Proper Amount of Sleep Helps Prevent Diabetes

People who sleep less than five hours each night or more than nine hours each night have an increased chance of becoming diabetic, according to research published in Diabetes Care (February, 2003;26:380-4). Researchers kept track of over 70,000 women without diabetes for a 10-year period. Women who slept for five hours or less each night were 34% more likely to become diabetic than women who slept between seven and eight hours each night. Women who slept over nine hours each night were 35% likely to develop diabetes than the women in the seven to eight hour group.

While not sure why the connection between sleep and diabetes exist, some researchers believe that there is a connection between leptin, sleep and weight gain. In this study, women who were not overweight did not seem to have the increased diabetes risk when sleeping less. It is possible that not getting enough sleep reduces leptin levels and may therefore creates a tendency for gaining weight.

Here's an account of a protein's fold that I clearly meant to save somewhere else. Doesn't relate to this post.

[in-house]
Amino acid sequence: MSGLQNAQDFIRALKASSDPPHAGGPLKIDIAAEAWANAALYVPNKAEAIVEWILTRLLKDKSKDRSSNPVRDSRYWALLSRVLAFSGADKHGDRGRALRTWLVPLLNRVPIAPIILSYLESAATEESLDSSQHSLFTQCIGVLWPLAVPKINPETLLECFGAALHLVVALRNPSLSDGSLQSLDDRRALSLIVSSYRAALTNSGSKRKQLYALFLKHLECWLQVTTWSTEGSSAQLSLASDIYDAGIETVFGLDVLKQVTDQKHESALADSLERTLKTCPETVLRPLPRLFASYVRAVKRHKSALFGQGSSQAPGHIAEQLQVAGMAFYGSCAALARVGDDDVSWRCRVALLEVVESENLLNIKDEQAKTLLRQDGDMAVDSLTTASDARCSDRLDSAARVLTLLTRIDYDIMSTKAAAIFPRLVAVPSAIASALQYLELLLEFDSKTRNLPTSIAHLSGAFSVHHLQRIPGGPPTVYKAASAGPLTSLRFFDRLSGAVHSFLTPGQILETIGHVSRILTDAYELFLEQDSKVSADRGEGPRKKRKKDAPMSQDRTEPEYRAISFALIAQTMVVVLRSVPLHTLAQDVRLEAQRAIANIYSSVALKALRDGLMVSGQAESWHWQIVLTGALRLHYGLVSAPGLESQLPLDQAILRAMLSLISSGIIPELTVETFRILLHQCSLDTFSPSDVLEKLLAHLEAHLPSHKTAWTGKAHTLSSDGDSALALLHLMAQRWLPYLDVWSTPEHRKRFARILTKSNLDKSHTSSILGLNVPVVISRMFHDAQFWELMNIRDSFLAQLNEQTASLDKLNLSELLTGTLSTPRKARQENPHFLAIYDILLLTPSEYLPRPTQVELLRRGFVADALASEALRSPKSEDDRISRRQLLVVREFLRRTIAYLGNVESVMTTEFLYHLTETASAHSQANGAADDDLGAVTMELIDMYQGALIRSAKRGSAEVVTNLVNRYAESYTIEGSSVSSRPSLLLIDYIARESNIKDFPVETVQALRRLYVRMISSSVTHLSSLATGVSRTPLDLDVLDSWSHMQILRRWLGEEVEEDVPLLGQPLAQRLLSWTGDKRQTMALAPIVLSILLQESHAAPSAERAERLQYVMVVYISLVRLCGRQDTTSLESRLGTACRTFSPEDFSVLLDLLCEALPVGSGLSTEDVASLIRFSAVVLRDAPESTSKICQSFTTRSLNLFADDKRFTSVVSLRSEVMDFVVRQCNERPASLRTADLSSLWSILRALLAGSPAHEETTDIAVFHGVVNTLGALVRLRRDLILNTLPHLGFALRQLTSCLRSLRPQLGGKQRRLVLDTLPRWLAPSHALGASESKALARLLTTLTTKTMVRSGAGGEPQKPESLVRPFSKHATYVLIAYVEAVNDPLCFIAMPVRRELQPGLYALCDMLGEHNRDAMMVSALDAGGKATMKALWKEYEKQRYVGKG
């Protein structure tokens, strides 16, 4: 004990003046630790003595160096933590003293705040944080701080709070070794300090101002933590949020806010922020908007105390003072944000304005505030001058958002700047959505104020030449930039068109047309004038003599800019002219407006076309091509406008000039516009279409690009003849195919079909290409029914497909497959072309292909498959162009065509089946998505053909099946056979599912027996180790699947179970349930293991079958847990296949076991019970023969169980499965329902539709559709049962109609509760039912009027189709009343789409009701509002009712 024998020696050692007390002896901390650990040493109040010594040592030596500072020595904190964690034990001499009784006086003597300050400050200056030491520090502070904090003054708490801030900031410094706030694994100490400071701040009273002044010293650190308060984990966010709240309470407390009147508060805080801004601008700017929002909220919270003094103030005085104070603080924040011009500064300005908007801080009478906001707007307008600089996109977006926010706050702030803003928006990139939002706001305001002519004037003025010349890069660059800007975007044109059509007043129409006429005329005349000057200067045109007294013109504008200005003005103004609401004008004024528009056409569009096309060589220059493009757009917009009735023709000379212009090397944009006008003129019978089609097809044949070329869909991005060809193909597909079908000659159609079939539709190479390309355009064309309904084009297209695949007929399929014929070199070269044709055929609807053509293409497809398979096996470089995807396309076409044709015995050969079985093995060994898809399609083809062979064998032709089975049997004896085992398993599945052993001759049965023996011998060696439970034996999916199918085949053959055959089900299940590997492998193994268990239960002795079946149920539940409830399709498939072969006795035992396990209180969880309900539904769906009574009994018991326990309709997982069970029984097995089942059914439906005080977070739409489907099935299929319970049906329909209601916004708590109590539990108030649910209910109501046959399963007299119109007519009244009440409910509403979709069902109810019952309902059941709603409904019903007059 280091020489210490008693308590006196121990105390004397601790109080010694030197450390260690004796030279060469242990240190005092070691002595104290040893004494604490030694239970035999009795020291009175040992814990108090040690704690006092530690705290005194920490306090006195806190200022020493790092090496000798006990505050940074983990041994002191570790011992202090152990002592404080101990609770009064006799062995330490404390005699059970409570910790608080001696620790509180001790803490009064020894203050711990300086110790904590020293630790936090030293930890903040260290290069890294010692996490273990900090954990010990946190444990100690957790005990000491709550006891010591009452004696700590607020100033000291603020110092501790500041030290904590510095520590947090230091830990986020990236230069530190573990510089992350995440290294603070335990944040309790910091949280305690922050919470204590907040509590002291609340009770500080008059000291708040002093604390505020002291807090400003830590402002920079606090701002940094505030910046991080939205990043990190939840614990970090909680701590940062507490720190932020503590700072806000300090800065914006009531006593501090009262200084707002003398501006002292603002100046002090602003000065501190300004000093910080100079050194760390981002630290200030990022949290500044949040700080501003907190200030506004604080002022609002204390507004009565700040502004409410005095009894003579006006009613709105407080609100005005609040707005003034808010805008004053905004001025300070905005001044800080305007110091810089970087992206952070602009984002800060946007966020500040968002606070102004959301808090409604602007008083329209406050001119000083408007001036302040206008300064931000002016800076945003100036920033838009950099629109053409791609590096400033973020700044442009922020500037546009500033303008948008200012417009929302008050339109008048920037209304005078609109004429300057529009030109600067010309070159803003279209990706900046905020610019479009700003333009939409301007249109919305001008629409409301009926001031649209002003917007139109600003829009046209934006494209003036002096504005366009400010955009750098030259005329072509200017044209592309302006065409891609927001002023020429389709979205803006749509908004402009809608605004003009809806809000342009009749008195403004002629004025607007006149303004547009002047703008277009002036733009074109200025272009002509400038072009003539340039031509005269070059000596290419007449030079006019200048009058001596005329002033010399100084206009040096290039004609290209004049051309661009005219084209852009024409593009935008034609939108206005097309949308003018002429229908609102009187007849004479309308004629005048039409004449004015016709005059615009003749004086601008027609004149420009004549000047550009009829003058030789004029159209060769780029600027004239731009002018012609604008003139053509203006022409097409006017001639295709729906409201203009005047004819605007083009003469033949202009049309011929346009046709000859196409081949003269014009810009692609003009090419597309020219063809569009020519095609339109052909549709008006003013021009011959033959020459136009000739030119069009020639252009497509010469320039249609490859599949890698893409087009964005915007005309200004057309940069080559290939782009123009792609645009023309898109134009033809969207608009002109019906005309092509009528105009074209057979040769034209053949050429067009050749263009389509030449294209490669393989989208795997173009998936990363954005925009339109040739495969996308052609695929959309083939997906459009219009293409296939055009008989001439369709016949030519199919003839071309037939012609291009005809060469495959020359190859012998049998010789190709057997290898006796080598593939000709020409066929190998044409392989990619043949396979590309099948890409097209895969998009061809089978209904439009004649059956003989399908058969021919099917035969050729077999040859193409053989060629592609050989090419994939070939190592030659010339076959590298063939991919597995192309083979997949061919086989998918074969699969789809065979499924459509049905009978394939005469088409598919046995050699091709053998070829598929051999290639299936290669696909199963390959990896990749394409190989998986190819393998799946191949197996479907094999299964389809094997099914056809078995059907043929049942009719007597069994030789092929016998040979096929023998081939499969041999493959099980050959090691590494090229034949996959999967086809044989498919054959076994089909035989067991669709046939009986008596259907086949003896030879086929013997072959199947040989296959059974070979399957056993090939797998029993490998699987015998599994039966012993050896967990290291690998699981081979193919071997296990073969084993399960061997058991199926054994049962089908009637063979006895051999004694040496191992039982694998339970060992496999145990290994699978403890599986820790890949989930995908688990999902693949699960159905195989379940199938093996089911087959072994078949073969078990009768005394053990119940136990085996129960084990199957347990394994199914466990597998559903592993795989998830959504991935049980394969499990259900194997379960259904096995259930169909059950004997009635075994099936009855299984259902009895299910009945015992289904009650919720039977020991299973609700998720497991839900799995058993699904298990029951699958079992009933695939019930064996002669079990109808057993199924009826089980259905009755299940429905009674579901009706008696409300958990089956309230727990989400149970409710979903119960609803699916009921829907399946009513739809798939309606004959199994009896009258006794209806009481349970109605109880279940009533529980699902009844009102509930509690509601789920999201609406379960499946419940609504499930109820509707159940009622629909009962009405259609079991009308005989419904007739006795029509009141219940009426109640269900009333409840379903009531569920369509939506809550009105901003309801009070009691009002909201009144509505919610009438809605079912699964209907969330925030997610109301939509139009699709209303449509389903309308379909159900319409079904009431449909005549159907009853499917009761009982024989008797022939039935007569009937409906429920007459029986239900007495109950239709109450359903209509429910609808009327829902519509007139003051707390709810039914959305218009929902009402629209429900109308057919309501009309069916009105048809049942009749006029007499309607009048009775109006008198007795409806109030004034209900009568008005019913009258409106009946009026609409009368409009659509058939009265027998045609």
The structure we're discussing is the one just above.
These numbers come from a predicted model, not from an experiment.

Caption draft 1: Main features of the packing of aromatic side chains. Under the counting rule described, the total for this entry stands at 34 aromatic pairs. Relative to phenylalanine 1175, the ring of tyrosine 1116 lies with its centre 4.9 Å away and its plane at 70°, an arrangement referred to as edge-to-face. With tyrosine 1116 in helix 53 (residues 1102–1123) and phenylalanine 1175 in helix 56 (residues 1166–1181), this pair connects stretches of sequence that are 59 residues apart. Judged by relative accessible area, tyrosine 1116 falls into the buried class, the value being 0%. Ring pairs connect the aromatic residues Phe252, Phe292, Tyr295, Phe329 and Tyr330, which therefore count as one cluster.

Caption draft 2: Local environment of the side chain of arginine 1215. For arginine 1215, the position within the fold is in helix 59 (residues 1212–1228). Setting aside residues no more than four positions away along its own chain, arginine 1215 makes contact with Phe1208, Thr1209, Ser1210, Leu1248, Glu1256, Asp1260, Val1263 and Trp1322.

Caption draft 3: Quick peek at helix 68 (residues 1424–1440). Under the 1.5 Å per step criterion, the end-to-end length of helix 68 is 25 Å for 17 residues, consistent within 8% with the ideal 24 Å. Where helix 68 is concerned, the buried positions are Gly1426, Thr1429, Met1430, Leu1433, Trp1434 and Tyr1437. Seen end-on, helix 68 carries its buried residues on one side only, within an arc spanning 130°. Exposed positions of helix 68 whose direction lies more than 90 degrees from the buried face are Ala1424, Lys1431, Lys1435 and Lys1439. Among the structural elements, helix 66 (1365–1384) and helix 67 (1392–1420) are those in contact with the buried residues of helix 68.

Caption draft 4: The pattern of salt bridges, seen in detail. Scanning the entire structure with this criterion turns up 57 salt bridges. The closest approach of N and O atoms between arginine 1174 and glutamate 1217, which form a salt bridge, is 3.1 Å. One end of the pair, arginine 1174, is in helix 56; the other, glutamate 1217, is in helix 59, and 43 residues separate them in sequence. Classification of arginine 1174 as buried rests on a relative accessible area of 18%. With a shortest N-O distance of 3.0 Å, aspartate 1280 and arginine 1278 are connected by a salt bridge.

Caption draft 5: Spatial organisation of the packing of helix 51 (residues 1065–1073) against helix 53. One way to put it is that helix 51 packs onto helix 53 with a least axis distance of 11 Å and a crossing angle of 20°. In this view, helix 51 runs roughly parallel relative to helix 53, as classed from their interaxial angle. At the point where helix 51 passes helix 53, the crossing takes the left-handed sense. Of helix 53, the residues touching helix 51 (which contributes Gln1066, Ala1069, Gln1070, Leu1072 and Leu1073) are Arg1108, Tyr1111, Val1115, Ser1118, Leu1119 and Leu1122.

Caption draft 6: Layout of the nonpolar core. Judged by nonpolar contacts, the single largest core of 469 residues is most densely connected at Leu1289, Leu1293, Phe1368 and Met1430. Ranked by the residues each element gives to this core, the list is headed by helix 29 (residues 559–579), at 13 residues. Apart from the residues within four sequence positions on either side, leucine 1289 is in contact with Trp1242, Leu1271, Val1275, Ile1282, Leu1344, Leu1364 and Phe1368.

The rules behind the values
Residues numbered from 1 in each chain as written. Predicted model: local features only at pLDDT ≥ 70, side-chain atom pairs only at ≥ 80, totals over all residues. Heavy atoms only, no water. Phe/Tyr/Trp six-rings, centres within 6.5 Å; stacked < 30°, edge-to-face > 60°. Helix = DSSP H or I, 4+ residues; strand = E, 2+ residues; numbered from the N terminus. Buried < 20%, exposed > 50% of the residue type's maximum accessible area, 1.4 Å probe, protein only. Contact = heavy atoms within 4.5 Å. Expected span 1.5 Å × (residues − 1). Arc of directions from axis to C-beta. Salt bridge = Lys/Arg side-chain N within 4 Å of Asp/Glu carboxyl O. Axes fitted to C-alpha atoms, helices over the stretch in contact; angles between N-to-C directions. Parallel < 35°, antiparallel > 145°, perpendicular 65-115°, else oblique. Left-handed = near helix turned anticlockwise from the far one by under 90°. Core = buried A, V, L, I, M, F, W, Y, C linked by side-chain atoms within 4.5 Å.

People who sleep too much tend to have poor health in general. It is possible that a number of people in the study who slept more than nine hours suffered from sleep apnea. Sleep apnea prevents restful sleep and people with sleep apnea tend to feel tired all of the time. Sleep apnea also increases diabetes risk.

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